APPEAL from the Circuit Court of Vermilion County; the Hon.
CARL A. LUND, Judge, presiding.
MR. PRESIDING JUSTICE REARDON DELIVERED THE OPINION OF THE COURT:
Rehearing denied June 14, 1979.
The plaintiffs are taxpayers who brought suit in the circuit court of Vermilion County against the defendant, Charles P. Foxworthy, as ex-officio county collector, seeking refunds for taxes paid by them for the year 1972 on certain real property in the county. Following a hearing, the circuit court found in favor of the plaintiffs as to all but a few of the tracts and a judgment ordering refunds was entered on July 26, 1974. On appeal by the defendant, this court affirmed in Andrews v. Foxworthy (1976), 43 Ill. App.3d 438, 357 N.E.2d 678. The supreme court subsequently affirmed in Andrews v. Foxworthy (1978), 71 Ill.2d 13, 373 N.E.2d 1332. Following the supreme court decision, the refunds were made in full. On April 14, 1978, plaintiffs filed a petition seeking interest from the date the circuit court entered judgment on July 26, 1974, until the dates the refunds were actually paid. On May 17, 1978, the circuit court entered an order denying plaintiffs' motion seeking assessment of interest. On appeal, plaintiffs contend that interest may be assessed on a judgment of refund for real estate taxes from the date of judgment until the date of payment.
Plaintiffs rely upon the broad language of section 3 of the Interest Act (Ill. Rev. Stat. 1973, ch. 74, par. 3). At the time the judgment ordering refunds was entered, section 3 provided in part:
"Judgments recovered before any court or magistrate shall draw interest at the rate of 6% per annum from the date of the same until satisfied. When judgment is entered upon any award, report or verdict, interest shall be computed at the rate aforesaid, from the time when made or rendered to the time of rendering judgment upon the same, and made a part of the judgment." Ill. Rev. Stat. 1973, ch. 74, par. 3.
During the regular session of the 80th General Assembly, two acts were passed amending section 3 of the Act. Public Act 80-722, effective October 1, 1977, amended section 3 to read in part as follows:
"Judgments recovered before any court shall draw interest at the rate of 8% per annum from the date of the same until satisfied or 6% per annum when the judgment debtor is a unit of local government, as defined in Section 1 of Article VII of the Constitution, or a school district or community college district." (Ill. Rev. Stat. 1977, ch. 74, par. 3.)
Public Act 80-914, also effective October 1, 1977, amended section 3 of the Act to read in part as follows:
"Judgments recovered before any court shall draw interest at the rate of 8% per annum from the date of the judgment until satisfied, except that judgments recovered against governmental entities shall draw interest at the rate of 6% per annum." Ill. Rev. Stat. 1977, ch. 74, par. 3.
Section 6 of the statutory construction act (Ill. Rev. Stat. 1977, ch. 131, par. 4.2) provides that where two or more acts relating to the same subject matter are enacted by the same General Assembly, they shall be construed together so as to give full effect to each act unless an irreconcilable conflict exists, in which case the last act acted upon becomes controlling. Both amending acts of 1977 are significant here in that they expressly refer to judgments against units of local government for the purpose of providing such entities a lower rate of interest. Plaintiff argues that it may be inferred that the broad language of section 3 of the Interest Act in effect at the time the circuit court entered judgment in the instant case included all judgments against local units of government.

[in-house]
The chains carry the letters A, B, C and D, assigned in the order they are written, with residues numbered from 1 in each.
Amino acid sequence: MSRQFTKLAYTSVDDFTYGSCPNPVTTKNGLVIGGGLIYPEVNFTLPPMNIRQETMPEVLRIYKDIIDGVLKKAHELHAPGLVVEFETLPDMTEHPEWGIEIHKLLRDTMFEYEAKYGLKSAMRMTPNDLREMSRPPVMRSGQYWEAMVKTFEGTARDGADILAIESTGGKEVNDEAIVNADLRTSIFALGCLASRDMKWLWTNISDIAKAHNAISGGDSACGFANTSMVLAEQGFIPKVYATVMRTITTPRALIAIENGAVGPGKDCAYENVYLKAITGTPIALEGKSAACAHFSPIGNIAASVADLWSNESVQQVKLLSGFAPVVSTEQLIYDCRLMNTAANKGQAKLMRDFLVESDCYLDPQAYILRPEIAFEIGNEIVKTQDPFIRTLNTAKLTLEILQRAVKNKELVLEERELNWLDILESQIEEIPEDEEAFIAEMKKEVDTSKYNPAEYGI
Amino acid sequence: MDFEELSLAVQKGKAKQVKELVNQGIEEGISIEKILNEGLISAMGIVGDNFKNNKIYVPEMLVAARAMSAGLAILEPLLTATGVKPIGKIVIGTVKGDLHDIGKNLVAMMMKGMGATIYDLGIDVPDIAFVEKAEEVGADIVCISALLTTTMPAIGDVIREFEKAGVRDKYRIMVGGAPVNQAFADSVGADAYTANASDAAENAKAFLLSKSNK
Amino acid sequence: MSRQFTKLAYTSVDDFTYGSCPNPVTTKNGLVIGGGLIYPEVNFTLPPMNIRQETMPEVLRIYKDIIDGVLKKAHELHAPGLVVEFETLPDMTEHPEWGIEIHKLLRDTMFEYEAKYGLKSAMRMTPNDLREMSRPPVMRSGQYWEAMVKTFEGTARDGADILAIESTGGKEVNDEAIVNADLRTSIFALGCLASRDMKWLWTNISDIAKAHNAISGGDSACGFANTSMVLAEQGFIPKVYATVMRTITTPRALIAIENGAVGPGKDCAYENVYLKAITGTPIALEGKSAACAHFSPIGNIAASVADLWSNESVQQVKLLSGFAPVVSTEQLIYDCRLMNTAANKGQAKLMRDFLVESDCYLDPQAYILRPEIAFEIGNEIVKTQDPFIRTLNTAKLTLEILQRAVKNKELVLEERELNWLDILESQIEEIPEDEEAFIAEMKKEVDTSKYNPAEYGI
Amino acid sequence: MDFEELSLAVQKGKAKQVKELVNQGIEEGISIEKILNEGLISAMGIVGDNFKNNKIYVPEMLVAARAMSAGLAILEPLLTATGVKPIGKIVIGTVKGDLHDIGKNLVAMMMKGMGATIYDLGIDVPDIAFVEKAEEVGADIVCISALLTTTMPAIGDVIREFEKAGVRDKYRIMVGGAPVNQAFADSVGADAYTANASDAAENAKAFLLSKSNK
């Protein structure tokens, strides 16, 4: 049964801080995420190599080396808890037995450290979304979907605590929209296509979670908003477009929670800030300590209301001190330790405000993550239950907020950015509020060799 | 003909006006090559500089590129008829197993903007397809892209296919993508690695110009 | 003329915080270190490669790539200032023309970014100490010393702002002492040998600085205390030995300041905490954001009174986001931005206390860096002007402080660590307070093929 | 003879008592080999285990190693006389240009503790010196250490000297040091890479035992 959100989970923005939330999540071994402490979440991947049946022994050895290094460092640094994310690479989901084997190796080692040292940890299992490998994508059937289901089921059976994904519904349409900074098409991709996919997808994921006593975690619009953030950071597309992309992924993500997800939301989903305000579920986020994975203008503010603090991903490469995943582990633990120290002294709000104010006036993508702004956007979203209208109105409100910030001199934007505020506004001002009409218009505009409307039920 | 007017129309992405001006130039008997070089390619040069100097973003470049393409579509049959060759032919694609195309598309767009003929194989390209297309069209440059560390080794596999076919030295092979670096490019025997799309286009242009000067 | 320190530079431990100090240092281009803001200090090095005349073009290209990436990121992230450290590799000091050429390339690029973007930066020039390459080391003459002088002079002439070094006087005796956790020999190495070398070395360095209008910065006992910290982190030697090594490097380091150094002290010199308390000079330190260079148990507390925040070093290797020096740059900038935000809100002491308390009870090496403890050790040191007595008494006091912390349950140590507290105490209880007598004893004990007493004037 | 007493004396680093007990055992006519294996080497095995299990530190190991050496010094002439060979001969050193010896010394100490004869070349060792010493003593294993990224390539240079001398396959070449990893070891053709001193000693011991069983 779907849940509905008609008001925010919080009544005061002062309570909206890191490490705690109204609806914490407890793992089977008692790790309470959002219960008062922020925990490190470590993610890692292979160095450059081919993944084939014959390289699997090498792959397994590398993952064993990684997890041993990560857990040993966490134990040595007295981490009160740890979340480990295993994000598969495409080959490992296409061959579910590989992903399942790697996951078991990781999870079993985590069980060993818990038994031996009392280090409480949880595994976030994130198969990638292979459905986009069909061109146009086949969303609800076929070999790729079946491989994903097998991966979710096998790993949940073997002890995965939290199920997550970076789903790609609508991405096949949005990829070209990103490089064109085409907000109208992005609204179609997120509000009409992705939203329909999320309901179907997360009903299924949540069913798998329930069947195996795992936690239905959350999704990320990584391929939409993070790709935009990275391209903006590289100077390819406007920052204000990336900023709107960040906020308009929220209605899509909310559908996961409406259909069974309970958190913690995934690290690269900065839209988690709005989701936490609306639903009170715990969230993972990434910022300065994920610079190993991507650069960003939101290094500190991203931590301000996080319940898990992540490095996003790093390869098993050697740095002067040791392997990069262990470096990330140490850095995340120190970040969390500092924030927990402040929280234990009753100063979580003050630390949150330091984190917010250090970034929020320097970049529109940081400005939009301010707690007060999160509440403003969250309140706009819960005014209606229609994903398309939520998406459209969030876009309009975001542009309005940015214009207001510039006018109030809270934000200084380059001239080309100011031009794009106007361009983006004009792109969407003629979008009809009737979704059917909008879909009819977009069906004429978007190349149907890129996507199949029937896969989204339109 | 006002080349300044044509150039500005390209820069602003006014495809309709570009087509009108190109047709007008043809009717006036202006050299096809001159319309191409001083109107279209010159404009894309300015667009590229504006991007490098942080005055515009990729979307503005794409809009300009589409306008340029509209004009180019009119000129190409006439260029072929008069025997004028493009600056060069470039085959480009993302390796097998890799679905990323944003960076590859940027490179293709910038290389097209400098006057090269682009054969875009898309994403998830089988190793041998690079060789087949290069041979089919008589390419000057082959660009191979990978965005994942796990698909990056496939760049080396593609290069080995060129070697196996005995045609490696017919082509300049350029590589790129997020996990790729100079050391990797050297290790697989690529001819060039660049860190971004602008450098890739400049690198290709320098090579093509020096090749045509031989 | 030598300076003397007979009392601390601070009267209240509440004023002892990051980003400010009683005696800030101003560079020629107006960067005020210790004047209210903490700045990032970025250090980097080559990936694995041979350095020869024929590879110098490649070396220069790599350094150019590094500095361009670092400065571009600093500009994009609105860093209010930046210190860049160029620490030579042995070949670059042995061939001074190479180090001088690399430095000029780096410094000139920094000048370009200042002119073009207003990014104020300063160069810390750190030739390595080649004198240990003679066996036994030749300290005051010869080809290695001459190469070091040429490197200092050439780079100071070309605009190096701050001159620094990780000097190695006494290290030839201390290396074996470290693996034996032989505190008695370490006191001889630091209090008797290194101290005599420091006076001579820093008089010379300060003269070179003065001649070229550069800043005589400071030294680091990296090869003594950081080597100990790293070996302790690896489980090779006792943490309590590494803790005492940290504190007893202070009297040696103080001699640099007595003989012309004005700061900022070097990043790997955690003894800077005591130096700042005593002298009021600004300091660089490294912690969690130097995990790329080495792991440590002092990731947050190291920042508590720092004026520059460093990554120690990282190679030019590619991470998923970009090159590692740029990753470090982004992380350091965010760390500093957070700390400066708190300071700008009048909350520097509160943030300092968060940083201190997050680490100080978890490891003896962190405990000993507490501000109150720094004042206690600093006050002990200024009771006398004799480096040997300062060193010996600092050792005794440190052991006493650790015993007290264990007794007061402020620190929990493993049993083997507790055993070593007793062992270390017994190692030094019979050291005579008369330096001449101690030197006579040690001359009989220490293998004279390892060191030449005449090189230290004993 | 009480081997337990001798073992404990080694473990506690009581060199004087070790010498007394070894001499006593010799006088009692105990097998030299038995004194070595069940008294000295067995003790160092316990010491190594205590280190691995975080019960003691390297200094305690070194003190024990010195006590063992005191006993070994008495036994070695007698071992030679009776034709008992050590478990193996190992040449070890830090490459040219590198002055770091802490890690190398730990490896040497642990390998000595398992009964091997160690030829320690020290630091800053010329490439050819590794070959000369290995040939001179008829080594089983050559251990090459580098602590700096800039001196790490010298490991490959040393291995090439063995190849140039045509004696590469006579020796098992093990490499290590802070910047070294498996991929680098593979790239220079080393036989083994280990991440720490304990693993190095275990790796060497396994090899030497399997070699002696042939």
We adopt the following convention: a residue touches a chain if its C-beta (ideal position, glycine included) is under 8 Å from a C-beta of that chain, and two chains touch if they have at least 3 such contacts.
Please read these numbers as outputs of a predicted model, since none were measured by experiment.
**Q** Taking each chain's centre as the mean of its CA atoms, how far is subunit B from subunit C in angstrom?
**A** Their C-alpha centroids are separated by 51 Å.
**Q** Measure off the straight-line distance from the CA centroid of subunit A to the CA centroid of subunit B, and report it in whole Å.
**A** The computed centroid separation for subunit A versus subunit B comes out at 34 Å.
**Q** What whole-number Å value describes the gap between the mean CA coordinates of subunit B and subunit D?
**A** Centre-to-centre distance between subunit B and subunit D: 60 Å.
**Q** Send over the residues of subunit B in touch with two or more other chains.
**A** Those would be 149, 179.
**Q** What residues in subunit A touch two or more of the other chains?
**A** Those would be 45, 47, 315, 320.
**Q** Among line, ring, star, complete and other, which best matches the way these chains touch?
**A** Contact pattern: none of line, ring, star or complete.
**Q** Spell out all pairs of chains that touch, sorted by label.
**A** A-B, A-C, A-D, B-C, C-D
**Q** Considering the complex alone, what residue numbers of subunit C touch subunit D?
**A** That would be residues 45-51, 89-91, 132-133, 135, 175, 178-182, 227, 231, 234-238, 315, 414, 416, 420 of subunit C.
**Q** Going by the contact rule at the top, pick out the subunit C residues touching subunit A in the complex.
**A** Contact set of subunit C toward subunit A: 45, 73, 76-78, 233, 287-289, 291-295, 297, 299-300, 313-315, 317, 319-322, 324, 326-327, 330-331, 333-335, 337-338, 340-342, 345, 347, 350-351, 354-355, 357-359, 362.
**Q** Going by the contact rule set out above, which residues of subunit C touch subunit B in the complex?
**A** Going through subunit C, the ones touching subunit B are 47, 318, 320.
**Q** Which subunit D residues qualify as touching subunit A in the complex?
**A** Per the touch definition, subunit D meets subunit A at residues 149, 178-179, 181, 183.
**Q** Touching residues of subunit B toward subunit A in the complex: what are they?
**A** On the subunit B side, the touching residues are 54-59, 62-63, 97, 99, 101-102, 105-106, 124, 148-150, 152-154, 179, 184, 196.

In support of their position, plaintiffs cite State of Texas v. Tennessee Gas Transmission Co. (Tex. Civ. App. 1956), 289 S.W.2d 309. In Tennessee Gas, the appellee gas company, pursuant to a resolution of the legislature, sued the State of Texas to recover license taxes paid without protest together with interest on the amount of taxes paid from the date of payment. The statute under which the tax had been collected was earlier declared unconstitutional. The trial court entered judgment refunding the taxes paid and awarded the appellee not only interest from the date taxes were paid until the date of judgment, but also interest from the date of judgment until satisfied at the rate of 6% per annum. The appellate court reversed the award of interest from the date the payments were made to the date of judgment. However, the appellate court further stated:
"[The statute] provides that all judgments of the courts> of this State shall bear interest from date at the rate of six percent per annum. This statute contains no exceptions and the judgment rendered in this case was properly made to bear interest from its date." 289 S.W.2d 309, 311-12.
Six months after the decision in Tennessee Gas, the same Texas appellate court decided Fulgham v. Southland Cotton Oil Co. (Tex. Civ. App. 1956), 296 S.W.2d 332. In Fulgham, the appellee oil company sued to recover franchise taxes paid under protest and 6 percent interest thereon from the date of such payment. The trial court entered judgment allowing 6 percent interest from the date the oil company paid the disputed tax under protest. The appellate court distinguished Tennessee Gas by stating:
"In that case the taxes were not paid under protest and the suit was not brought under the authority of nor in accordance with the provisions of the protest statute, 7057b, supra. There we allowed no recovery of interest until judgment was rendered and thereafter interest at 6%. ...